Always good to hear about Barbara Harris even if it's an old interview. She was magic on stage and fun to watch on the screen.
By New Times
By Robrt L. Pela and Amy Silverman
By Katrina Montgomery
By Kathleen Vanesian
By Monica Alonzo
By Benjamin Leatherman
By Robrt L. Pela
By Katrina Montgomery
Thespians, take note: Barbara Harris has moved to town, and she's hung up her teaching shingle. Local acting students could do worse; Harris' brief but notable Broadway career snagged her a Tony Award for The Apple Tree in 1967, and she was nominated for her role in On a Clear Day You Can See Forever. Her more memorable films include Robert Altman's Nashville (1975), Alfred Hitchcock's Family Plot (1976), and a turn as Jodie Foster's mom in Freaky Friday (1977) -- all three performances nominated for a Golden Globe -- and her Oscar-nominated spin in Who Is Harry Kellerman and Why Is He Saying Those Terrible Things About Me? (1971).
We met for drinks at Mancuso's at the Borgata, where our sniffy waiter served Miss Harris a whisper of white wine and a whole lot of attitude, and where I tried and failed to convince her that she is some kind of a legend.
New Times: So, what's a famous actress doing in Scottsdale?
Barbara Harris: I knew you'd ask that. I'm teaching acting classes. I had been based in New York, and maybe I should have stayed. I mean, I like it here, but it's very conservative, isn't it? I was talking to this man the other night, and he was ranting about people who come here from the East and wreck the state by voting Democrat. Hey, how would you vote on Prop 202?
NT: That's the Indian gaming prop.
Harris: The commercials are hysterical! All that carrying on about how Indians are being greedy, but the commercials never once tell you anything about the proposition itself. So you end up having to read the Republic or some other piece of nonsense. But since I'm one of those nasty Easterners, I'll probably vote straight Democrat. It's just how it goes. I didn't want to vote for Clinton, but I had to -- even though I figured he was white trash.
NT: You have a pretty distinctive voice and personality. Do you get recognized in the grocery?
Harris: No, thank goodness. I don't usually mention that I have been in movies, because I'm afraid people will say, "Well, I don't watch black-and-white films." Most people don't know who I am.
NT: Come on. You've starred in some pretty well-regarded movies.
Harris: I used to try to get through one film a year, but I always chose movies that I thought would fail, so that I wouldn't have to deal with the fame thing. I turned down Alfred Hitchcock when he first asked me to be in one of his movies.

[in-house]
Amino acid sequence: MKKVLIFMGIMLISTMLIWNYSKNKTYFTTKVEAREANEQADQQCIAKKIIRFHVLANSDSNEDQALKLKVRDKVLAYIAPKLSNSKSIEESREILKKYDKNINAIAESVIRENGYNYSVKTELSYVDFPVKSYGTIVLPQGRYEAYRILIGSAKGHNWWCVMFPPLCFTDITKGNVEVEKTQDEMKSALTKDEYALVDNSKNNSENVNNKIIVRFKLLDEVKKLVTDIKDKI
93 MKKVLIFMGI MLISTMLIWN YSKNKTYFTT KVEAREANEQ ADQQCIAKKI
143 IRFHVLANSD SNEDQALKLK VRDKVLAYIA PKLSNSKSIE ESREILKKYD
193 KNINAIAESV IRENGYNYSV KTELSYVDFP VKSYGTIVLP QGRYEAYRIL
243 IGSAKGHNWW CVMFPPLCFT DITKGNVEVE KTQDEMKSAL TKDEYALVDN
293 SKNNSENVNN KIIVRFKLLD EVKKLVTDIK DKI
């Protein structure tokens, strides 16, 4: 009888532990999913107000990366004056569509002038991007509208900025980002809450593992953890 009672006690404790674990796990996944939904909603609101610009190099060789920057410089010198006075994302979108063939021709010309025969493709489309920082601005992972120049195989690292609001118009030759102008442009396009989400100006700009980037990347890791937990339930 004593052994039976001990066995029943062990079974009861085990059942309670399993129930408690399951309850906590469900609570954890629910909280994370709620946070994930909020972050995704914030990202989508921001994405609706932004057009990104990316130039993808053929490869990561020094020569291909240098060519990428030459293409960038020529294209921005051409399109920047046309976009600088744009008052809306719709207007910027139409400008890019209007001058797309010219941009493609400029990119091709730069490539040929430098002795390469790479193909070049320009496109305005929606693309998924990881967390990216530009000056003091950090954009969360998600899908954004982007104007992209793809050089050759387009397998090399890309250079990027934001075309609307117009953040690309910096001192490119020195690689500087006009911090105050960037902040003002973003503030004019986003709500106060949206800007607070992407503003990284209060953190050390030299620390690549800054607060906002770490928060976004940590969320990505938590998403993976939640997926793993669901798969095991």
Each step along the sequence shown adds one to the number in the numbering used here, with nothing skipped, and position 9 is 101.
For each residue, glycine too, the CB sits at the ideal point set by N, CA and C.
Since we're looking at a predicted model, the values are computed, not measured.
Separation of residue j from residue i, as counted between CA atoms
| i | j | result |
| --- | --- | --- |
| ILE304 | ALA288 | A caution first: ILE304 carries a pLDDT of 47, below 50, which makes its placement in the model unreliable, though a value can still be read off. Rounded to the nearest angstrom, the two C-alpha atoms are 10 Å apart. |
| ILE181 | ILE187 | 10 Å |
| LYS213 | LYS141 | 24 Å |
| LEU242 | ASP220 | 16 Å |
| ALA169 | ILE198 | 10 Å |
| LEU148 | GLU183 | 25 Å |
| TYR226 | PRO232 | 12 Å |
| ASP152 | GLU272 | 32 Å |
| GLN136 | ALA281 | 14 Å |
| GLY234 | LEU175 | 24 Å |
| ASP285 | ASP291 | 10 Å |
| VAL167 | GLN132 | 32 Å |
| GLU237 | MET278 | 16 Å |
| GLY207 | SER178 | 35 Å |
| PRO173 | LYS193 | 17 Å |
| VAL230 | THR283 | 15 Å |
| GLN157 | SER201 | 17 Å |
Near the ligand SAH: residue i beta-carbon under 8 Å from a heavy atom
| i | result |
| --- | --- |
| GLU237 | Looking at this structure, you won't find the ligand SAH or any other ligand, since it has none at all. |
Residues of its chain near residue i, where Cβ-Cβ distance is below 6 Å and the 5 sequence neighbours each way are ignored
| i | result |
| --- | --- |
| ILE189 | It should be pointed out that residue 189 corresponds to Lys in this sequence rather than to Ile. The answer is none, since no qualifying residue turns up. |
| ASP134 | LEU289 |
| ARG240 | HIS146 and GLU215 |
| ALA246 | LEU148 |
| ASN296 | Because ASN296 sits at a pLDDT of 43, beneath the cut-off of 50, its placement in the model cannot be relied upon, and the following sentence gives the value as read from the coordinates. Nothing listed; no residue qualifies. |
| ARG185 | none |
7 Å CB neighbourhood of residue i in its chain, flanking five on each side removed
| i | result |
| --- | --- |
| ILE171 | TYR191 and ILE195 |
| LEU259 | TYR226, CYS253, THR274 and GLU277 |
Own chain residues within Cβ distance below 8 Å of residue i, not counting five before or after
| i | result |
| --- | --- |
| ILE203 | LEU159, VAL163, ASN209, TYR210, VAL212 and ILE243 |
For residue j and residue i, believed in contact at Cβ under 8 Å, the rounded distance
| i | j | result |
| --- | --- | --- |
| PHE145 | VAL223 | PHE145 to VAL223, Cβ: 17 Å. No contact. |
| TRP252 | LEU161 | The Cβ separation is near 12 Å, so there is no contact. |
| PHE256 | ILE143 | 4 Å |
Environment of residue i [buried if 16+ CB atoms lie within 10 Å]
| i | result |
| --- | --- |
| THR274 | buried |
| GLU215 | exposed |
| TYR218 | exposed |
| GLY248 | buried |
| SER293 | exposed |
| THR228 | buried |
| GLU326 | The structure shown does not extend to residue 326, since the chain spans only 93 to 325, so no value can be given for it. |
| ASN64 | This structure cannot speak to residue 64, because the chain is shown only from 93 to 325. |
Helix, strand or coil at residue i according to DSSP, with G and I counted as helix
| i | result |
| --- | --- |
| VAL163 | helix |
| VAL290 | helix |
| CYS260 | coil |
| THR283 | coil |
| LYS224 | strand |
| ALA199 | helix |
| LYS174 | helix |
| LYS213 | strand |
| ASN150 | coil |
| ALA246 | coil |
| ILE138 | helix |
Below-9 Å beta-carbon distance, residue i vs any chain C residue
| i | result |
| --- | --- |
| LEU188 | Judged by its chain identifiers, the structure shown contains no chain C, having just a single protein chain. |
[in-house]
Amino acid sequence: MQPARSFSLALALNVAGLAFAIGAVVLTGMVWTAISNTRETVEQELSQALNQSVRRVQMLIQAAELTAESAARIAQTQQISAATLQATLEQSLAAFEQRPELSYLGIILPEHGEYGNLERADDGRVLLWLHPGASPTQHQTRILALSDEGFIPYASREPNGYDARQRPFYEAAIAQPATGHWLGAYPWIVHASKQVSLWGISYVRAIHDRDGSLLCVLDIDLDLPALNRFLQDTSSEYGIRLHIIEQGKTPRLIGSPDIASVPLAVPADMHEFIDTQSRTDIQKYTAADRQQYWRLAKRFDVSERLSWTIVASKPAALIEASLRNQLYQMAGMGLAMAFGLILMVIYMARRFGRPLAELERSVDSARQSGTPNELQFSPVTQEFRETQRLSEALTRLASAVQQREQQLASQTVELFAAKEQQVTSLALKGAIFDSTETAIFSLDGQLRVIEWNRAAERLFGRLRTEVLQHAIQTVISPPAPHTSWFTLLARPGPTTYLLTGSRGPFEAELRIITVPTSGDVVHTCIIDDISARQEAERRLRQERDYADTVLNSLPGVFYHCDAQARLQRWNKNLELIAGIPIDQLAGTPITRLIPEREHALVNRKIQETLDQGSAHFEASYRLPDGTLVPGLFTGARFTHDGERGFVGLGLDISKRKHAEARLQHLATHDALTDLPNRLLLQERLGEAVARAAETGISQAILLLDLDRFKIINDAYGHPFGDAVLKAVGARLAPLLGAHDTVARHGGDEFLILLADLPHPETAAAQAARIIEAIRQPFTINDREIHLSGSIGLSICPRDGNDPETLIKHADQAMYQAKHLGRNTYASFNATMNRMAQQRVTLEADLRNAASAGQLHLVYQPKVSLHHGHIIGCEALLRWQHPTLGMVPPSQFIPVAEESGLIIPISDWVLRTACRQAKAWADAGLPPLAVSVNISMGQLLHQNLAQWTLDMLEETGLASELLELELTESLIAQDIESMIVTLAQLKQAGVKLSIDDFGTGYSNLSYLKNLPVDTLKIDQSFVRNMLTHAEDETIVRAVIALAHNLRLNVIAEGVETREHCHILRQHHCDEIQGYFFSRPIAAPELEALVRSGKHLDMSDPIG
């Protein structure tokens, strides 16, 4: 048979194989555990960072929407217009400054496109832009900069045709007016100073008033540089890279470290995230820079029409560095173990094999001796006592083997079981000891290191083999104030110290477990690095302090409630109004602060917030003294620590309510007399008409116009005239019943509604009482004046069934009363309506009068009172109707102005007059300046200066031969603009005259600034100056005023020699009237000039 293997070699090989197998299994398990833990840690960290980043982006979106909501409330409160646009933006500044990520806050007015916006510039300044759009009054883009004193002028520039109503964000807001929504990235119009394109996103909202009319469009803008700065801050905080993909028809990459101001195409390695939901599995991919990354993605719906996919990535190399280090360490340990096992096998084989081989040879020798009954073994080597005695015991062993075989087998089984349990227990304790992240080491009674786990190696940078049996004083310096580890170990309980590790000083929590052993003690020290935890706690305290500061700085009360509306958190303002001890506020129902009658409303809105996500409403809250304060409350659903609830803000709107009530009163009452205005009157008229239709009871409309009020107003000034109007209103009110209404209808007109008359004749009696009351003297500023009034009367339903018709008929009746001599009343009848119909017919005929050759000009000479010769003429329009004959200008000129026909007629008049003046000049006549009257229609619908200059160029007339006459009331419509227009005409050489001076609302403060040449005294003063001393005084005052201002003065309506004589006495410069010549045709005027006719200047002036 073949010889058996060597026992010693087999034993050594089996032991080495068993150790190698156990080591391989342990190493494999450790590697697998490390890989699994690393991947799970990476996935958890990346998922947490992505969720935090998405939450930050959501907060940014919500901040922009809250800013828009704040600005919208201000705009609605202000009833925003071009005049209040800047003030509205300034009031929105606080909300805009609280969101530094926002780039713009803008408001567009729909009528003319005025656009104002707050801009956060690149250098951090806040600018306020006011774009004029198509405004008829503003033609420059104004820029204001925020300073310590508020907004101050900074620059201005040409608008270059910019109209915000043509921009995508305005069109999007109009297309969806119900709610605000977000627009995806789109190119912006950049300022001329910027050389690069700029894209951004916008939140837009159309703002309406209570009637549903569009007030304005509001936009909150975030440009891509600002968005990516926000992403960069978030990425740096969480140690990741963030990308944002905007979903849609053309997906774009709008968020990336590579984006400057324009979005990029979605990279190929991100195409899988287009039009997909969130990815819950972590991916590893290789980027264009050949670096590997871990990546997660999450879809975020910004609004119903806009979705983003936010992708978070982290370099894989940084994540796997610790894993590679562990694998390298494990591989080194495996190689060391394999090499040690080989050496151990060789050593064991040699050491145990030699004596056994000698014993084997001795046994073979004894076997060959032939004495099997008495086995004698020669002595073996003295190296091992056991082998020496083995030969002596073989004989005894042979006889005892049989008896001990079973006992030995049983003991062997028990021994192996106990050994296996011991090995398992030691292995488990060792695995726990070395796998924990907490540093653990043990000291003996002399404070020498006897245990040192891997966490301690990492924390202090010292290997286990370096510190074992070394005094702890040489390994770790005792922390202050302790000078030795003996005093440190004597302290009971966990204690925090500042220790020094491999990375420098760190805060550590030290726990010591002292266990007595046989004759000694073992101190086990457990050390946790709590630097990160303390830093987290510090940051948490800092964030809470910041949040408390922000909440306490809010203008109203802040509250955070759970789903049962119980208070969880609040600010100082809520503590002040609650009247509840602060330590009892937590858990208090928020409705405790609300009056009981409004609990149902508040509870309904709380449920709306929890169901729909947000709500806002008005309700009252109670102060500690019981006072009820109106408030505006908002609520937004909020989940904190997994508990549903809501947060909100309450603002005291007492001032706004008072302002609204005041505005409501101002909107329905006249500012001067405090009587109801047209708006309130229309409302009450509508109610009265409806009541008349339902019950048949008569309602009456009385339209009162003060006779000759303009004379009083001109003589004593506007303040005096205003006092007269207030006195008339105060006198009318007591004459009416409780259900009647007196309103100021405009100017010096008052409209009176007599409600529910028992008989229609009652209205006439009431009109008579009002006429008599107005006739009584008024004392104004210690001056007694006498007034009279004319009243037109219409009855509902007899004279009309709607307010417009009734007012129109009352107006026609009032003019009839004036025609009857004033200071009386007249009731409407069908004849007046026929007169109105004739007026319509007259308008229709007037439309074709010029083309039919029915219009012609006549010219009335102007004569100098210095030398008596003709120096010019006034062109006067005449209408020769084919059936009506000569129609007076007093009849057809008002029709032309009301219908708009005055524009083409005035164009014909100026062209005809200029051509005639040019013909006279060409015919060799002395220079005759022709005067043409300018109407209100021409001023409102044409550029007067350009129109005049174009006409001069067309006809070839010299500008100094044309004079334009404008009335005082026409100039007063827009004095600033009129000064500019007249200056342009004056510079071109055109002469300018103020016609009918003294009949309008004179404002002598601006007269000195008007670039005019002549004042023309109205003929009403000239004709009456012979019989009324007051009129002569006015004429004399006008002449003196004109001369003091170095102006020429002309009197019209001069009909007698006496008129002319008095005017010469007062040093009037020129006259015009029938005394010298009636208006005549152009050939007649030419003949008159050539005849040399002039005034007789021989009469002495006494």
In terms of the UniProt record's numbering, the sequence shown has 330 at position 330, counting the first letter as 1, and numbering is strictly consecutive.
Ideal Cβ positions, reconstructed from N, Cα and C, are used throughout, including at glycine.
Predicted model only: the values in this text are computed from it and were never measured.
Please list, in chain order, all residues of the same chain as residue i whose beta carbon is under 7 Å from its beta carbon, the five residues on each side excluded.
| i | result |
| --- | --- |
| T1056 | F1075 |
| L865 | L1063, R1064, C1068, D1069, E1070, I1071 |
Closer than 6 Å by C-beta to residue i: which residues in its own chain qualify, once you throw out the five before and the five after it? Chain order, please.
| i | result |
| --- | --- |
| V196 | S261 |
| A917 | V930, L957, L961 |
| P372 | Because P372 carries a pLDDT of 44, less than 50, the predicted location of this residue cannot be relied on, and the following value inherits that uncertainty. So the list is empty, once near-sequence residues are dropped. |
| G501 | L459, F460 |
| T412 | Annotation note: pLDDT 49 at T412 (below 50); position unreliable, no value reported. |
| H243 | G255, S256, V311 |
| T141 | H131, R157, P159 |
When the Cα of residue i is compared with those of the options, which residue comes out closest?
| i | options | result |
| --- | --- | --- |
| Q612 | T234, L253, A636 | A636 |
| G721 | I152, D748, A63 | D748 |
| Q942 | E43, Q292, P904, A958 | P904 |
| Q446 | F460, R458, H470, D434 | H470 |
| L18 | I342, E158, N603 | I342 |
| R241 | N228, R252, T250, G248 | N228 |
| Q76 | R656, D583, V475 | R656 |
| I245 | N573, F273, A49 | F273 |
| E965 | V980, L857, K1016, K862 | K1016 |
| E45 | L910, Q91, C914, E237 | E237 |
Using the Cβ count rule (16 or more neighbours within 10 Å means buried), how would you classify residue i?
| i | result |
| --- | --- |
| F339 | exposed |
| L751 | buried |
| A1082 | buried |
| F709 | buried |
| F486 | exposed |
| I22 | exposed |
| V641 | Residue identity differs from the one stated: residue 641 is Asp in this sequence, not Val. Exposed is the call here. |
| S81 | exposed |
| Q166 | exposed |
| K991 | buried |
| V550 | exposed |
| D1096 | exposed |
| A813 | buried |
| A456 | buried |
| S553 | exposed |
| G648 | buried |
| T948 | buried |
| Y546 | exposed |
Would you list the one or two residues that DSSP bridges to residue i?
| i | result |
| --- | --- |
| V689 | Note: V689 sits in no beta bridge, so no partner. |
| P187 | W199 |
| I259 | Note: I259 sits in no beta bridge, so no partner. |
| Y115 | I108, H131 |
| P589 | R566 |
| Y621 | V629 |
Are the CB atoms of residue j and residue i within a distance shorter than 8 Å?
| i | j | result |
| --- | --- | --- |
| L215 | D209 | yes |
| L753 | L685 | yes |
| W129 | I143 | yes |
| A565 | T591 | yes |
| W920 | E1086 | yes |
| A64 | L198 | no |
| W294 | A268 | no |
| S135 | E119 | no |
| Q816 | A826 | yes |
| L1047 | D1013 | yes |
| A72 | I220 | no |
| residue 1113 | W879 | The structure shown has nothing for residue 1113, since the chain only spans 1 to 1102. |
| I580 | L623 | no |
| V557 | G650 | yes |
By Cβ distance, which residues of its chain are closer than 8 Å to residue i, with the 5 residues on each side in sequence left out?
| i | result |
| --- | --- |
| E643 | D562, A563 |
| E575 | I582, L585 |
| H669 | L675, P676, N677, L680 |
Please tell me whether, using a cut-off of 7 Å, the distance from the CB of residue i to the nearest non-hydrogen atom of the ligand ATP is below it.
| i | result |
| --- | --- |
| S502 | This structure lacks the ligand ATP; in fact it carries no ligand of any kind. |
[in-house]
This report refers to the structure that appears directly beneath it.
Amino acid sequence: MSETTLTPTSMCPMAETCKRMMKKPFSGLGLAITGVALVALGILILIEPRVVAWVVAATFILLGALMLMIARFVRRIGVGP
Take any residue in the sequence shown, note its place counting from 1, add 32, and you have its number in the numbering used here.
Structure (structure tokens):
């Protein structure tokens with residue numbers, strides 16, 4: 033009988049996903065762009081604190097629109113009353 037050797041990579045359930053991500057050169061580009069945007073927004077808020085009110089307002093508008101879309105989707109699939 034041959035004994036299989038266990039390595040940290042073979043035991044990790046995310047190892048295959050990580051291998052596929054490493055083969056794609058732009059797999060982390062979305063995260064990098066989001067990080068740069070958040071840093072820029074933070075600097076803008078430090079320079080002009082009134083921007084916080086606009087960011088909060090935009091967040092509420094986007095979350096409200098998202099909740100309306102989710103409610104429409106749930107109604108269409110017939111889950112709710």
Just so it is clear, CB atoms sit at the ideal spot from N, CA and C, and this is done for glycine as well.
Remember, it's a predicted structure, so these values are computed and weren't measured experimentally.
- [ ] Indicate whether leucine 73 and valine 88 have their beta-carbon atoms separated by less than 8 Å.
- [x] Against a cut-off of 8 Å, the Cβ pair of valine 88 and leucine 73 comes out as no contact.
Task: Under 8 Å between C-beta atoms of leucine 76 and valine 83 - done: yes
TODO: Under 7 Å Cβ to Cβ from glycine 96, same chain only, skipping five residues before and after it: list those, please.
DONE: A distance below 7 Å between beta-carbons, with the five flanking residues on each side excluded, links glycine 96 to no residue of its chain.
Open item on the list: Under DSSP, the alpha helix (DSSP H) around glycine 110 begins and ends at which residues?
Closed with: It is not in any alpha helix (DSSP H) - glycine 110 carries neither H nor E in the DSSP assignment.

NT: But you eventually appeared in Hitchcock's Family Plot.
Harris: Yes. Mr. Hitchcock was a wonderful man. He always wanted emotionless people in his movies. There was a scene in our film, where Karen Black was acting, acting, acting -- all that Lee Strasberg human-struggle stuff. And it took her so long to get those tears going, and Mr. Hitchcock turned to the cameraman and said, "We will just photograph the actors' feet in this scene." He wanted a beautiful woman who wasn't showing her life's history in a scene.
NT: In his review of A Thousand Clowns, theater critic Walter Kerr described you as "the square root of noisy sex."
Harris: He did? My goodness, mathematicians are going to be furious! By the way, I called a friend of mine in New York and had him read me some of your reviews. Why did you write that A Thousand Clowns is dated?
NT: Well, a story that condemns socialism was more relevant in the early '60s. And the notion of a single-parent household isn't all that shocking today.
Harris: I wish you'd written that.
NT: So, now you're teaching acting. But I thought all actors wanted to be directors.
Harris: I'm much more interested in what's behind acting, which is the inquiry into the human condition. Everyone gets acting mixed up with the desire to be famous, but some of us really just stumbled into the fame part, while we were really just interested in the process of acting.
NT: I can see the joy of appearing on Broadway or in a big Hollywood film, but where's the joy in teaching people how to cry?
Harris: Who wants to be up on the stage all the time? It isn't easy. You have to be awfully invested in the fame aspect, and I really never was. What I cared about was the discipline of acting, whether I did well or not.
NT: Still, you did pretty well.
Harris: Well, sometimes. People always want to talk about the ones that won you awards, but I have a better memory of my first part, which was Puck in A Midsummer Night's Dream. The critic for the Chicago Tribune wrote, "Will someone please get rid of Peter Rabbit?" I was crushed, and after that I had to be pushed out on stage. Of course, I had made my own costume. That may have been a mistake. But anyway, we weren't up there on that stage for any reason other than the process of acting. We certainly weren't making any money back then, my friends and I. Elaine May was eating grapefruit rinds.